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Long term concerns with zinc poisoning?

Tazlima

Sprinting down the street
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A couple years ago, my Quaker, Gus, was feeling a bit off (vomiting). I took him to the vet, where he got a full workup. They mentioned they saw some very small metallic specks in his x-ray, and said if he didn't improve, they would test for heavy metal poisoning. He came home with some antibiotics and did appear to return to normal, so it was never pursued further.

Two months ago, the same issue recurred - a bit of lethargy and vomiting. X-rays again showed tiny metal flecks, so they did a blood test and his zinc levels were elevated - not horribly, but just high enough to be outside the "normal" range. He took some medicine to treat it, and I did a top-to-bottom scouring of the house to remove anything that could possibly have zinc. Best guess of the source was possibly the bells on his toys (those cheap ones that come with them), so I removed just... so many bells. I also replaced a couple household fixtures that I don't think had zinc or even got chewed on, but better safe than sorry.

A recheck showed his blood levels are now normal.

My assumptions at this point:

1) the zinc poisoning has probably been occurring at a subclinical level for a LONG time. The reason Gus was rehomed to me in the first place was because his previous family couldn't handle his aggression in combination with their toddler. A lot of his toys with the bells came from that previous home (I keep a whole bin full of toys so I can rotate them out regularly), so he could have had the problem even then.
2) the source of the zinc has now been successfully eliminated from the environment.

Gus has always been a cranky little booger compared to my other birds. I thought it was just his nature as a Quaker, especially as this was exhibited the most as cage aggression, which is basically Quaker 101. However, one of the symptoms of zinc poisoning is aggression, so there's a non-zero chance that at least some of his "anger" came from either not feeling well, or the heavy metal poisoning itself. Supporting that, he does seem to be in a better mood lately.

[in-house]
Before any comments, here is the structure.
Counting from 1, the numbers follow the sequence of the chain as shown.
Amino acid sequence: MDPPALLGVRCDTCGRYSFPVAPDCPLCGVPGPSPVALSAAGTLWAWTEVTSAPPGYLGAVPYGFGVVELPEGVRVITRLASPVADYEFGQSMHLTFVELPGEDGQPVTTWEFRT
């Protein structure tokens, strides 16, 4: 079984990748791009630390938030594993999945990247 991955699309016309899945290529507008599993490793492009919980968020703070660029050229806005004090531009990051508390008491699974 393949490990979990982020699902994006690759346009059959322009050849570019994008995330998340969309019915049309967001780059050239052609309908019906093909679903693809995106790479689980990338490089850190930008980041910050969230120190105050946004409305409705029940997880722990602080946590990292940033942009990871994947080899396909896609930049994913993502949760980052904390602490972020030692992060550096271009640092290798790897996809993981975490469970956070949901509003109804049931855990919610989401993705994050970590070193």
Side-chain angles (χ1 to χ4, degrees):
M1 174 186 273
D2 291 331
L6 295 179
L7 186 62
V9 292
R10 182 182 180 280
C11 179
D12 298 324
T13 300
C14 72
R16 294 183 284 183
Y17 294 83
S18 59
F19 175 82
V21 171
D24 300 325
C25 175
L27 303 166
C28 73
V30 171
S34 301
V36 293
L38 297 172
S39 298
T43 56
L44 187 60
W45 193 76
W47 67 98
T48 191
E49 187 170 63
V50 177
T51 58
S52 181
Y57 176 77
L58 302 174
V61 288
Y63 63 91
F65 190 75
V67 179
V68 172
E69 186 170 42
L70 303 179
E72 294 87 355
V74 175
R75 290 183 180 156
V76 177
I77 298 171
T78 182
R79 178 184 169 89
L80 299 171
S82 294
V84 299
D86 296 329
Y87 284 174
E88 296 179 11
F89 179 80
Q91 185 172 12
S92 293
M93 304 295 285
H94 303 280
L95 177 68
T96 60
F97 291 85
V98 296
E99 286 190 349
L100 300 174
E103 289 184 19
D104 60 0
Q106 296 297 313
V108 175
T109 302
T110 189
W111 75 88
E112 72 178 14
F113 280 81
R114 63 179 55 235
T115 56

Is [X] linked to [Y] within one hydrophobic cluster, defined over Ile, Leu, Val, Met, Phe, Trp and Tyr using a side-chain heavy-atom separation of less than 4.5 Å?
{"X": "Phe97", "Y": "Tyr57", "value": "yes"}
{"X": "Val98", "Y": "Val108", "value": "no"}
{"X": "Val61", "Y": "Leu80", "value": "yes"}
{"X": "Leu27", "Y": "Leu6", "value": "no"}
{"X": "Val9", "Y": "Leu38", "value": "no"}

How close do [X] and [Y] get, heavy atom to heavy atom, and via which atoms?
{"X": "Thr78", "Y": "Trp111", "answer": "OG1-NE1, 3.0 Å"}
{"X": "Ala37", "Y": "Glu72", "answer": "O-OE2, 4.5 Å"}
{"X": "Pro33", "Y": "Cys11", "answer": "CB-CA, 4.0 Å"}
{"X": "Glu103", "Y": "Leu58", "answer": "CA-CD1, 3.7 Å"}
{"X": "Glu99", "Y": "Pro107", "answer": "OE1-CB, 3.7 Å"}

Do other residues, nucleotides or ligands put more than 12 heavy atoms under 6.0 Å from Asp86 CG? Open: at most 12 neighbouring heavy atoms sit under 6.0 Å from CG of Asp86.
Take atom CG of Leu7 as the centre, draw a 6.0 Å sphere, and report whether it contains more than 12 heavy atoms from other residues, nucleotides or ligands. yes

All the articles I can find about this issue talk about symptoms during the poisoning, but I'm trying to find out what happens after.

So here's my question: If his aggression was caused, at least partly, by the zinc, is that something that will subside now that he's better, or will there be permanent damage to his temperament and/or cognition?

I'm going to keep working with him as I always have, I'm just revisiting everything in light of this new information and trying to see if/how I should adjust my expectations for him.
 

Zara

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Hankmacaw

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There are long term effects from zinc toxicity, but I have only heard of these in severe zinc toxicity cases. some of the results can be neurological problems, such as twitdhing, weakness in the legs. Liver problems. And excess urination.
 

Tazlima

Sprinting down the street
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Thanks. I'll definitely keep an eye out for anything like that (he does poo/urinate more often than my other birds, but again, that could also be explained by other factors. He's the best flier in the house and by far the most physically active. It makes sense he would eat and drink more since he burns more energy, and more going in = more coming out).
 
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